Ryan told analysts that $300 million has been allotted for remodeling the Longs stores in 2009 and 2010. Despite the strong Long’s brand, he said the stores in California and Nevada would be converted to the CVS brand “over time” while the stores in Hawaii will not be converted. “Hawaii is kind of a stand-alone market from a distribution standpoint and an advertising standpoint so you don’t lose economies of scale by [not changing the branding],” he said. “In fact, we believe that Hawaiians feel that Longs is kind of a homegrown chain.”

In the 2008 fiscal year Longs closed all 23 of its locations in Washington, Oregon and Colorado along with eight stores in California. In the 2009 fiscal year, it had been planning to open or relocate approximately 20 to 30 stores and remodel an additional 40 stores.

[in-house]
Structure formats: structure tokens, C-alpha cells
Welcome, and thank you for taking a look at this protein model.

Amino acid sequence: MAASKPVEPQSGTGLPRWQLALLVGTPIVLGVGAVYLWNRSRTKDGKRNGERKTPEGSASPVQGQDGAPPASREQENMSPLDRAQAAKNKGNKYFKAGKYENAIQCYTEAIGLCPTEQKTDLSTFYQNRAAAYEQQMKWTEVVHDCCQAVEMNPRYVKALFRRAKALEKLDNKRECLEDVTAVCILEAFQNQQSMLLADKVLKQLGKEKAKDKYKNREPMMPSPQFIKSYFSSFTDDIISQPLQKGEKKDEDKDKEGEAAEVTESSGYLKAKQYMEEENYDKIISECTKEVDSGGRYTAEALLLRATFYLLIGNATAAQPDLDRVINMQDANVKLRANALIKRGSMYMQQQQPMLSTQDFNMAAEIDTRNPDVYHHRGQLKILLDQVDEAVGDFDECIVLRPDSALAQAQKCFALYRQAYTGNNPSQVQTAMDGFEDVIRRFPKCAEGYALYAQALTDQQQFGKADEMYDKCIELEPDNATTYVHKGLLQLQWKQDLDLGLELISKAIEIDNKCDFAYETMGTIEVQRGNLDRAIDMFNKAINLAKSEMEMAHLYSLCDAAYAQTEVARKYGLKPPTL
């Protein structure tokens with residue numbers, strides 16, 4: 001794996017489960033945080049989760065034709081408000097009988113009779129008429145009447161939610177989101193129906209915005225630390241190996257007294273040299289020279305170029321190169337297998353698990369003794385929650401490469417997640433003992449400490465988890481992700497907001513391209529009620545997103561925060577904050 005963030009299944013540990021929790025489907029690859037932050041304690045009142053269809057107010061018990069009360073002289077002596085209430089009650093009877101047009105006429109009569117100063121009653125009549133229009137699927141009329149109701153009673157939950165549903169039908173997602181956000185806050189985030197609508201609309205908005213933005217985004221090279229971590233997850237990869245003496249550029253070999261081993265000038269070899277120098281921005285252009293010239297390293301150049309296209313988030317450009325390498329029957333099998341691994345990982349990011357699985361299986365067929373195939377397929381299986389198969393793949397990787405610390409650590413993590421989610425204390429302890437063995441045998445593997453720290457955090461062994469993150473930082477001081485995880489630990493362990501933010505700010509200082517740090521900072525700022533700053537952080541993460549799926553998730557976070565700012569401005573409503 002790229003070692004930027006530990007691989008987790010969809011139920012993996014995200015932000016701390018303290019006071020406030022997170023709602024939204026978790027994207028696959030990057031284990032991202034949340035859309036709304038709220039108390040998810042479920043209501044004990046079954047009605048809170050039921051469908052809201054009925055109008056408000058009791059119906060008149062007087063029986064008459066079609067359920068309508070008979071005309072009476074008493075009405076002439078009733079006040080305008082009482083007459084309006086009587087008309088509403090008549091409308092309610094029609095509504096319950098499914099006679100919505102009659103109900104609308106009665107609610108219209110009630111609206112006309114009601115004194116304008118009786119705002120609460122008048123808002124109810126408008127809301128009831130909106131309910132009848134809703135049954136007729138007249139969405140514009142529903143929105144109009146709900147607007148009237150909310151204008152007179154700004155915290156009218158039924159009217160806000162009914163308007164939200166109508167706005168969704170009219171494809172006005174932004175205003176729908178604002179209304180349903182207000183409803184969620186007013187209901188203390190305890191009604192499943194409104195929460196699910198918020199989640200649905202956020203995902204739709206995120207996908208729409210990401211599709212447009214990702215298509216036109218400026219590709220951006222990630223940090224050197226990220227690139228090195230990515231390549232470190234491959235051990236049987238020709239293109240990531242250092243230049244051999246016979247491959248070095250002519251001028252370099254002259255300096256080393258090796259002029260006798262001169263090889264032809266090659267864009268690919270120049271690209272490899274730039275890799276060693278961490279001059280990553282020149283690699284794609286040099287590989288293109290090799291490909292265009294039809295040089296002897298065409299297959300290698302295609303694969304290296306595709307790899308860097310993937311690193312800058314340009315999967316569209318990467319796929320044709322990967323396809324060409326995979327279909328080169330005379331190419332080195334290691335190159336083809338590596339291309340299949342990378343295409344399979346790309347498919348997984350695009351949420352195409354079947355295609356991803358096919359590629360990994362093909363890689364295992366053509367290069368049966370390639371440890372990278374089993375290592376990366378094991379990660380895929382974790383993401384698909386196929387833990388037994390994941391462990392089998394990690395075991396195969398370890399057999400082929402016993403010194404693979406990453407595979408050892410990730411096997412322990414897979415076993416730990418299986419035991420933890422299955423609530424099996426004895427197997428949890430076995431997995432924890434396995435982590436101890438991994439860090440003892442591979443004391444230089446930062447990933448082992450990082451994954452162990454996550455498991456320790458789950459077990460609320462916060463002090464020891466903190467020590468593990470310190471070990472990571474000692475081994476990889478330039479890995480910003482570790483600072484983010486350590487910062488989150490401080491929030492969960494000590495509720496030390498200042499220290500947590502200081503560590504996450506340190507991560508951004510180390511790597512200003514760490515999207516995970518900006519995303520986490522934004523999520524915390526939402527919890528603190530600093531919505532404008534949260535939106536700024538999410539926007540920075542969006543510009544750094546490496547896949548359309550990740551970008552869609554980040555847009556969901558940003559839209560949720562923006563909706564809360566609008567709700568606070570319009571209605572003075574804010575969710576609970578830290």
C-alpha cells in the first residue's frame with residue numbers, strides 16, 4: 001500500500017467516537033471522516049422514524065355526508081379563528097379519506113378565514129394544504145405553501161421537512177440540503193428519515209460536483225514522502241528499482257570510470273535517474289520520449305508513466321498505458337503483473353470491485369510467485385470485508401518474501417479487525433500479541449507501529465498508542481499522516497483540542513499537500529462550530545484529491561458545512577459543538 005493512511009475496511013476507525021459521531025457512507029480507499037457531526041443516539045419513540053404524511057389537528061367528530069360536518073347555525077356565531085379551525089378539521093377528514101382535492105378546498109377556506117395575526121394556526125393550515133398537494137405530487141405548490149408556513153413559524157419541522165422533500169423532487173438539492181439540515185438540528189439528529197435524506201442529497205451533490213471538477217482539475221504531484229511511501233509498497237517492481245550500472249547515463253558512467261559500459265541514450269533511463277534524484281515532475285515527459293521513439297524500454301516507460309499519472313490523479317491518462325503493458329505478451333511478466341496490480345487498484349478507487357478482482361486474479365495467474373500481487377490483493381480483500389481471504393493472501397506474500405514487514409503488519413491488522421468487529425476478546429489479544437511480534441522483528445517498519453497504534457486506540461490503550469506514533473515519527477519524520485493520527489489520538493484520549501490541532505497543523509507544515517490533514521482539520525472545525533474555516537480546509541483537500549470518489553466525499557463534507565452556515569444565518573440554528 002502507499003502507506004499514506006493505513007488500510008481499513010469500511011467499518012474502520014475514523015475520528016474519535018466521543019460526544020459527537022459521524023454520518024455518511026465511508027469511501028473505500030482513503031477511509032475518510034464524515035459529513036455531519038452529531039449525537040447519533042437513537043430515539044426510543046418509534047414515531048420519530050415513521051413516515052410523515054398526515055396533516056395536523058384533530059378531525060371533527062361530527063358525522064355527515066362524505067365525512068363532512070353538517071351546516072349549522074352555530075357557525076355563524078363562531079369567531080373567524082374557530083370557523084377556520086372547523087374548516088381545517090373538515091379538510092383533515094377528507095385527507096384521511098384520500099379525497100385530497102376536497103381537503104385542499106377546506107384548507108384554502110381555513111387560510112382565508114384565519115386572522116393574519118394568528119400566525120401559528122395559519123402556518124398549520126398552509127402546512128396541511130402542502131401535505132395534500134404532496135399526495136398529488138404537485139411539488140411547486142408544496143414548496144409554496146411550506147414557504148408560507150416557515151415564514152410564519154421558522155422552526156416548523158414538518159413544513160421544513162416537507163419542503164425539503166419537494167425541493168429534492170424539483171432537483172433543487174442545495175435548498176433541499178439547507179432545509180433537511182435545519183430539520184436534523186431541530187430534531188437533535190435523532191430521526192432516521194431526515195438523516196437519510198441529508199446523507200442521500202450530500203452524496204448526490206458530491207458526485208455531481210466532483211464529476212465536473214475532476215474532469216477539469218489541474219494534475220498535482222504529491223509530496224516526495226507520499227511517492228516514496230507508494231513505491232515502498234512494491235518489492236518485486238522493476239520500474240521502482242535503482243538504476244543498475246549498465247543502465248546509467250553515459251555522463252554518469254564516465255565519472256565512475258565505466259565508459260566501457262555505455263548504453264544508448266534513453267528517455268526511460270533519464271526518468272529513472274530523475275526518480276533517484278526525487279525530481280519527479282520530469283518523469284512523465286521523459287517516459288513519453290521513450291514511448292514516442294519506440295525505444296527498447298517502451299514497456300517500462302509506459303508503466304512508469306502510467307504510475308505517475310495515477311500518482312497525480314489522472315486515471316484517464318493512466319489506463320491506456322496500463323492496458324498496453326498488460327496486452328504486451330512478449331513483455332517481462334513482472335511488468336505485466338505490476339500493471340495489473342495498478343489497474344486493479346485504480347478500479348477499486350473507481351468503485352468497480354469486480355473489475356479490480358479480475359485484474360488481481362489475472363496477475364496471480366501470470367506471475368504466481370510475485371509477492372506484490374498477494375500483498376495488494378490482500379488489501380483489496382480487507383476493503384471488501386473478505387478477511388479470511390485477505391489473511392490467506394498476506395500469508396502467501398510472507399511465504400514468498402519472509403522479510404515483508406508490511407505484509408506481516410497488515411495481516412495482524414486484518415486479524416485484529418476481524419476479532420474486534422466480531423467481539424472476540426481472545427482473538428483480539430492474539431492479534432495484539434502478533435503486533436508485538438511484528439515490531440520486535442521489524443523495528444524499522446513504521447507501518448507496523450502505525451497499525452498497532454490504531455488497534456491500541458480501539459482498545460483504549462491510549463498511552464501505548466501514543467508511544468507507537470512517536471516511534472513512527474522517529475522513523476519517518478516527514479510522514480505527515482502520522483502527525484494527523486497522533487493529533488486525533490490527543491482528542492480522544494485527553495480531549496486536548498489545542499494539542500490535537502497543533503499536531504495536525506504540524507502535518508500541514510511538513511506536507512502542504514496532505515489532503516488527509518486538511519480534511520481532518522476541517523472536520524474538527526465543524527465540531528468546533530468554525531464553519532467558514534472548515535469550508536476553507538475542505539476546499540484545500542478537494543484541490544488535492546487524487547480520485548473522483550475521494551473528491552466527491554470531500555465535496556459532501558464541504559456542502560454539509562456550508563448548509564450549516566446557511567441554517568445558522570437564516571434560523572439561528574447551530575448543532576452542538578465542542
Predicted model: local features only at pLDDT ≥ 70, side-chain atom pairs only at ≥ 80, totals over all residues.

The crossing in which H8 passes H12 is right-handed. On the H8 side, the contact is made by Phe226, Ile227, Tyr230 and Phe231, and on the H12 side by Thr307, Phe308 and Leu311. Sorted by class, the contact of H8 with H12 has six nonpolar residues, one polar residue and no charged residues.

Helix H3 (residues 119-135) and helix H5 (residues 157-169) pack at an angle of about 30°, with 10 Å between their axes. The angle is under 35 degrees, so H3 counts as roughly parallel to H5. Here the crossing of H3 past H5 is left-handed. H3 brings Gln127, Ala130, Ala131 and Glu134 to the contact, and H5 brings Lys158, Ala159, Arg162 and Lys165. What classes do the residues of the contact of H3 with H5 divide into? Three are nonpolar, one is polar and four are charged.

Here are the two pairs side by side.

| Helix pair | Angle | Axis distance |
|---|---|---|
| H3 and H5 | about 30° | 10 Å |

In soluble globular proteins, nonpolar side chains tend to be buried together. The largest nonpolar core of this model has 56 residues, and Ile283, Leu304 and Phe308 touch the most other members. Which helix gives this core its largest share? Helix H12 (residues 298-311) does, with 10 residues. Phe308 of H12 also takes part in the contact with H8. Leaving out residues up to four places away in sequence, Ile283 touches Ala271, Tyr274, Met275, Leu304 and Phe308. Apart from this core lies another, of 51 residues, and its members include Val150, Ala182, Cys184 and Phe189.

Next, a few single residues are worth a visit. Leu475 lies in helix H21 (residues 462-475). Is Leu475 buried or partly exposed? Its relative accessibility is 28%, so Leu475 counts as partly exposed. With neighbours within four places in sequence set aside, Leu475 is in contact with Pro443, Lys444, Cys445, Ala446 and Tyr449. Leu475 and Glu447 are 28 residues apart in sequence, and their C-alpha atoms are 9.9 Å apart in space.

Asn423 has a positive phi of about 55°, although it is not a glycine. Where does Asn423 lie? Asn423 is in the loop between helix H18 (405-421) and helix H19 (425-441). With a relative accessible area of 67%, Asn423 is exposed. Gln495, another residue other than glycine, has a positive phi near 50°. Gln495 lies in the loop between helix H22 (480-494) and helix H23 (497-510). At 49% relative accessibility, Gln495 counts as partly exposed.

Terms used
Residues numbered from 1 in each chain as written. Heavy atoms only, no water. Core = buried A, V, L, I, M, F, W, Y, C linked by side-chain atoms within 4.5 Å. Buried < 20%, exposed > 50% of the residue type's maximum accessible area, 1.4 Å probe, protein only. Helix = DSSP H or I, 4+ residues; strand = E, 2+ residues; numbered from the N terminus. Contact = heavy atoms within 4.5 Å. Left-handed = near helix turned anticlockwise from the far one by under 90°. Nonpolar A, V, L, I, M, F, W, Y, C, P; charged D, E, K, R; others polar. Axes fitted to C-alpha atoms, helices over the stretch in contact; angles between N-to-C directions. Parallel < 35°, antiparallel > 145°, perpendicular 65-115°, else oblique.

As part of the integration of the Longs chain into CVS, Ryan said CVS will look to relocate 10% to 15% of the Longs stores in Northern California that aren’t already well-located to freestanding locations “if we can find them, but there’s no rush,” he said. In addition, he said CVS would look to learn a little something from Longs about its general merchandise business, which accounts for more of the stores’ overall sales than CVS stores, and use that to improve operations at its existing CVS stores in California.

Lehman Brothers and Deutsche Bank are serving as financial advisors to CVS Caremark on this transaction and provided the bridge loan commitment. Davis Polk & Wardwell and Mintz Levin Cohn Ferris Glovsky and Popeo P.C. served as legal advisors to CVS Caremark. J.P. Morgan Securities Inc. served as financial advisor to Longs and Wachtell, Lipton, Rosen & Katz served as its legal advisor.